Oregon Sugar Pod is a dwarf variety of snow pea that makes harvesting easy. Prolific plants produce large pods known for their mild flavor. Grows to 30 inches tall; 50-54 days.

Growing Sugar Snaps

Sugar Daddy is a popular sugar snap pea because it produces tender, sweet, and stringless pods. The curved pods can be enjoyed raw in the garden or lightly steamed. Grows to 24 inches; 65 days.

Cascadia is known for the abundant sweet pods it produces. Short vines produce plenty of pods that are especially delightful. Grows to 32 inches tall; 60 days.

Shelling or English Peas

Green Arrow is a favorite shelling pea because it’s easy to grow and easy to harvest. The taste is superior, too. Grows 24 inches tall; 70 days.

Lincoln is an old-fashioned heirloom shelling pea that some gardeners say is the sweetest pea of them all. Easy-to-shell pods grow on 30-inch plants; 67 days to maturity.

Vine or Bush Peas

Within each type of pea, you’ll have the option of choosing vining peas, which require some sort of support, or bush peas, which remain low in the garden and can get by with little to no support. Some growers use pea sticks sunk in the ground to offer just a little support without requiring a full trellis.

Snow pea growing on leafy vine in sun.

Snow peas growing in the sun

How to Grow Pea Plants

Peas are a cool weather crop that can be planted in early spring and again in the late summer for a fall harvest. Pea seeds germinate in soil temperature between 40 and 70 degrees Fahrenheit.

Before planting, soak pea seeds in water overnight to help speed germination. Another way to help peas get a good start and to increase overall yield is to use a bacteria inoculant powder, available from seed suppliers. The powder gets mixed in with the peas or into the soil right before planting to help increase pea growth and production.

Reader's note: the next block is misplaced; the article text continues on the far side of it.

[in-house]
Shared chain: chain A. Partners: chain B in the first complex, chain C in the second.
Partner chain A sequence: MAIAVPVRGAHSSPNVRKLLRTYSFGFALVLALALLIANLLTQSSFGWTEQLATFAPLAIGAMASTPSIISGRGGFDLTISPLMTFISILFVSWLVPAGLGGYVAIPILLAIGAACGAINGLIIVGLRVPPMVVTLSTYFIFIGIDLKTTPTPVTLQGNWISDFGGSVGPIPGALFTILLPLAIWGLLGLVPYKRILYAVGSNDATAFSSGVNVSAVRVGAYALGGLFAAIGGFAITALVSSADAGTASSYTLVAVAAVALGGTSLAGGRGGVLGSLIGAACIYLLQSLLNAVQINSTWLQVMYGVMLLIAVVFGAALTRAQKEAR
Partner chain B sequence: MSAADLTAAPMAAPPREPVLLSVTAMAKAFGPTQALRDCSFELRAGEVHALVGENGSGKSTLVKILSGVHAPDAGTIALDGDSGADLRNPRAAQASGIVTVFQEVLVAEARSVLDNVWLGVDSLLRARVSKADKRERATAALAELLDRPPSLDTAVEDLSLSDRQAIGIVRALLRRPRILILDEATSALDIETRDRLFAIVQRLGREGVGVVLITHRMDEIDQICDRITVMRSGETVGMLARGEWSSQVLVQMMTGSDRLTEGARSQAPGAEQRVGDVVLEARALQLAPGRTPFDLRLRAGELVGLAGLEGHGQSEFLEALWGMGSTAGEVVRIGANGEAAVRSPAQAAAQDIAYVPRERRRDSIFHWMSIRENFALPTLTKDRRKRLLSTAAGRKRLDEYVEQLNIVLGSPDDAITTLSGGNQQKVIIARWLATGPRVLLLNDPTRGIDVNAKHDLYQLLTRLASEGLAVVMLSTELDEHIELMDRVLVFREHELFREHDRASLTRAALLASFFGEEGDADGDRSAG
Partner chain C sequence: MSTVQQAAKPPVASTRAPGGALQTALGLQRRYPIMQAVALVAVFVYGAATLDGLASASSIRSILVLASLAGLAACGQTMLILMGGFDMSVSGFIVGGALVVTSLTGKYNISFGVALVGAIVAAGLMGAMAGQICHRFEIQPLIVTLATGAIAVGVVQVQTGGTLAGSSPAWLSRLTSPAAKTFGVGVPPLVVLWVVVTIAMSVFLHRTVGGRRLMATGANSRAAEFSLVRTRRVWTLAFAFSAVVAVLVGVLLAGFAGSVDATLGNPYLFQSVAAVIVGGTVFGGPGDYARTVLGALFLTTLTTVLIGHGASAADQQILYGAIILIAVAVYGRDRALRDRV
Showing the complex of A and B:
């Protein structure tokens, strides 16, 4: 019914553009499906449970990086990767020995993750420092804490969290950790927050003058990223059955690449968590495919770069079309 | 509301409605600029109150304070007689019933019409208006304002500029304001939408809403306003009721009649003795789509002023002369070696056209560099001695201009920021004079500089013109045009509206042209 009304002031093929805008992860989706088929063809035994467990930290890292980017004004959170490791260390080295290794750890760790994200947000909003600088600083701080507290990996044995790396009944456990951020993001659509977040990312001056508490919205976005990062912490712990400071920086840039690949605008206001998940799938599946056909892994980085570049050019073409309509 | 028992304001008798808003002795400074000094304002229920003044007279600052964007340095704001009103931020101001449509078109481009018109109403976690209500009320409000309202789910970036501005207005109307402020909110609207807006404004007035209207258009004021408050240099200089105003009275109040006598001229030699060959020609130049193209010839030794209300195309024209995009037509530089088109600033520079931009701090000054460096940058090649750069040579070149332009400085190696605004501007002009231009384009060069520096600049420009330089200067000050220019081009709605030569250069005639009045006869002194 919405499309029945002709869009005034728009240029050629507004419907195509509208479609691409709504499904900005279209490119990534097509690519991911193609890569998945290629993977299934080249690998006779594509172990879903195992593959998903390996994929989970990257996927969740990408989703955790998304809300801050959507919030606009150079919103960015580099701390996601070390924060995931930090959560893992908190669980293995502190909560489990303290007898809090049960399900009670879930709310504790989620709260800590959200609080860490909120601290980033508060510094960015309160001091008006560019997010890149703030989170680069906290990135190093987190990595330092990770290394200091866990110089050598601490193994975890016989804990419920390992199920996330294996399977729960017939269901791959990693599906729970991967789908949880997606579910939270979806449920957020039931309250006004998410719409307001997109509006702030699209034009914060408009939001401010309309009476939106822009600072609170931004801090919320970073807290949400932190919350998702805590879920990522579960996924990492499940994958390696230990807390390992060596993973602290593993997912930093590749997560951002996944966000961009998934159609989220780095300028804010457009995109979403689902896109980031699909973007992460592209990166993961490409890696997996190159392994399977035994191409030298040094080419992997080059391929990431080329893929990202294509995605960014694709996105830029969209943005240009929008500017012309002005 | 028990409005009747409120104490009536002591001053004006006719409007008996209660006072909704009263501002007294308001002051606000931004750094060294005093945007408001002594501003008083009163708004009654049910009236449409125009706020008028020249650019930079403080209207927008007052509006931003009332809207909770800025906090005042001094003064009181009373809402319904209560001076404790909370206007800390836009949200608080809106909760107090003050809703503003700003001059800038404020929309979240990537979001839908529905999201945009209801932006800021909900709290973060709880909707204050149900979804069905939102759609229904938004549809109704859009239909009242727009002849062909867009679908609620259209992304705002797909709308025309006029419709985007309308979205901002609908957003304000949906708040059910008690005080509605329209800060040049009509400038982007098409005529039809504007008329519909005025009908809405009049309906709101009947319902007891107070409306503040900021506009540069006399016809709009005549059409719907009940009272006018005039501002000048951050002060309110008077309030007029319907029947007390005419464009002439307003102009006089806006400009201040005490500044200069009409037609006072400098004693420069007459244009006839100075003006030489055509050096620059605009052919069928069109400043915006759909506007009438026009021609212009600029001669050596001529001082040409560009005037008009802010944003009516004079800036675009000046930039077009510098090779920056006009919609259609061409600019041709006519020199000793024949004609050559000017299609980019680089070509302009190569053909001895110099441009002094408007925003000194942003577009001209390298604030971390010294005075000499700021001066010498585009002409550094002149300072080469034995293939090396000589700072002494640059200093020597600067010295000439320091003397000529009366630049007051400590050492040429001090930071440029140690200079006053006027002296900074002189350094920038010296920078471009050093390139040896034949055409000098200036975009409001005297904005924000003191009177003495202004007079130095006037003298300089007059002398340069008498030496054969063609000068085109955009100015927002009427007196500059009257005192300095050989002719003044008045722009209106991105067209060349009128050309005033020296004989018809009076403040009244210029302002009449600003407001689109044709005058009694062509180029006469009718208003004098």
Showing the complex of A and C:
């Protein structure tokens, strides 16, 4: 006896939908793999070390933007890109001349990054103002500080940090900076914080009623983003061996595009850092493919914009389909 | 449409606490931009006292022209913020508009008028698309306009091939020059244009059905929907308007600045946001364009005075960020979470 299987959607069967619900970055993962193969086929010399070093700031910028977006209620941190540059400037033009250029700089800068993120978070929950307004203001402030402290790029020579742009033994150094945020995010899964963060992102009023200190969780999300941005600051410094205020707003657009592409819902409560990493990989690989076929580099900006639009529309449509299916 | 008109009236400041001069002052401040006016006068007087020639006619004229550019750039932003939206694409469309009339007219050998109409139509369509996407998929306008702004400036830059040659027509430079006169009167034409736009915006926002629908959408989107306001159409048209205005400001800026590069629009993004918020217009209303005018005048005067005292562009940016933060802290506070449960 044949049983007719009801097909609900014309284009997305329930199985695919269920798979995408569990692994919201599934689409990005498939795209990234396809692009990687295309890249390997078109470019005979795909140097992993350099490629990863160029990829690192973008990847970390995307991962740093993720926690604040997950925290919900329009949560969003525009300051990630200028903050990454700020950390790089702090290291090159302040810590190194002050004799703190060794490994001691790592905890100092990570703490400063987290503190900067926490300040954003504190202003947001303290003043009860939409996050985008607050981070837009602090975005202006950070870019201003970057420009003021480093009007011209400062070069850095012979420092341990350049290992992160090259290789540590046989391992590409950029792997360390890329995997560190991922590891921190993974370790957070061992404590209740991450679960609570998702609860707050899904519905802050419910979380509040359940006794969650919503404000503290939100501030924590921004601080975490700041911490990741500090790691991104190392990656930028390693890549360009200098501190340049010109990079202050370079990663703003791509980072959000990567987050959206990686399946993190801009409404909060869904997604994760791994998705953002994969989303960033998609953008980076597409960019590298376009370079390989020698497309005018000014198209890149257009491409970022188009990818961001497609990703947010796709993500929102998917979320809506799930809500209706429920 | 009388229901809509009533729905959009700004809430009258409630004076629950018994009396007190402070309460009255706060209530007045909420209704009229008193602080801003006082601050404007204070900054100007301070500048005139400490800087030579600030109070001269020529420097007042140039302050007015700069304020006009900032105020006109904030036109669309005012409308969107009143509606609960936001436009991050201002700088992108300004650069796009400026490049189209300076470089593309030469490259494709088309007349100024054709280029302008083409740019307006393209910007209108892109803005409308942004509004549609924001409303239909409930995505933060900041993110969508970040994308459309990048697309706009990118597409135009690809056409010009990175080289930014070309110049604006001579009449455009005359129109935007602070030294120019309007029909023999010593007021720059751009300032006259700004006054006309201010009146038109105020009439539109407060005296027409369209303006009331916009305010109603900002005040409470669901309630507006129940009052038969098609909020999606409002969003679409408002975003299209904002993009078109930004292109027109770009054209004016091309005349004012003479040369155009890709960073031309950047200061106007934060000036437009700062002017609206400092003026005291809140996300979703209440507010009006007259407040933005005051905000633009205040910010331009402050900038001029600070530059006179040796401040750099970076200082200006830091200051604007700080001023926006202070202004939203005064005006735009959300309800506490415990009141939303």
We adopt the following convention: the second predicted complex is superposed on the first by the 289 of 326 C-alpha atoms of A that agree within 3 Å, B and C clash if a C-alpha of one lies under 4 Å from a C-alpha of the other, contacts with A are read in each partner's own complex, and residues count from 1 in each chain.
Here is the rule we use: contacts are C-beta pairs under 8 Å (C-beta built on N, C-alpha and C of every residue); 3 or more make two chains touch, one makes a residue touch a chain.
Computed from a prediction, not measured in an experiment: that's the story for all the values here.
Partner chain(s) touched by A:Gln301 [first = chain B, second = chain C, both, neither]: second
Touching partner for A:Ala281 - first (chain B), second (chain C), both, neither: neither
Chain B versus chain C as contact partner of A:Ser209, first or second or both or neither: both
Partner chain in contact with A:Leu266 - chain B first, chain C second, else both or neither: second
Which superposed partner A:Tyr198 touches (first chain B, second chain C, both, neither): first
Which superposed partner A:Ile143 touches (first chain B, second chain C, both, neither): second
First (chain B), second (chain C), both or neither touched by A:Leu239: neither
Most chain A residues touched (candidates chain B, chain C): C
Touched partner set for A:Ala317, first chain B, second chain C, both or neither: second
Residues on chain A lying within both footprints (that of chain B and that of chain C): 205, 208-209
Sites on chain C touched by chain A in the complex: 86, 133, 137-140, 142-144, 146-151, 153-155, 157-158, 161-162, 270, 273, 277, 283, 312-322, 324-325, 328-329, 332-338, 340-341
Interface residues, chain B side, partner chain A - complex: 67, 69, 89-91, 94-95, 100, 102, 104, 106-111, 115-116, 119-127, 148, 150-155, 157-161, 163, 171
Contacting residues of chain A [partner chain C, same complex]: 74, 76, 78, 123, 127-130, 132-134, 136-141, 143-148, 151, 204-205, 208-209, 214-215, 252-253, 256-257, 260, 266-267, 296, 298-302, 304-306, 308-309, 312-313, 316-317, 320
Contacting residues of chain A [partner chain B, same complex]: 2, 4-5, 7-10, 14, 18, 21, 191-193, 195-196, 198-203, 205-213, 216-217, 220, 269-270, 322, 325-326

Sow seed several inches apart and no deeper than 1-1 ½ inches. Space them about 2 feet between rows. If you need to thin the pea seedlings to keep them 3-4 inches apart, be sure to toss the thinnings into a spring salad.

As soon as peas sprout and start to grow, add a support for young plants to climb. You can build a simple structure such as a three-sided teepee trellis or an A-frame, or buy a trellis system that fits your garden space.

Snap peas growing on a chicken wire trellis.

Snap peas growing on a trellis

Requirements for Growing Peas

Soil requirements

Peas are hardy spring vegetables that can adapt to a variety of soil types. Make sure that the soil has good drainage or be sure to amend the soil with compost or other organic matter.

Light requirements

Plant peas in full sun to partial shade. Some shade will help protect pea plants from harsh sunlight if temperatures warm too quickly in spring.

Fertilizer and water requirements

Peas are one of the few garden vegetables that don’t need regular applications of high-nitrogen fertilizers; however, give plants a good start by digging in a balanced fertilizer along rows.

Avoid overwatering, especially when young to keep plant roots from rotting in soggy soil. As vines grow, keep soil evenly moist to keep pea vines productive. A lack of consistent moisture will result in smaller pea crops.

Preventing Pea Problems

Here are several ways to ensure a healthy crop of peas:

Rotate the area where you plant peas each season. Rotating crops helps prevent soil-borne pathogens from infecting repeat crop plantings.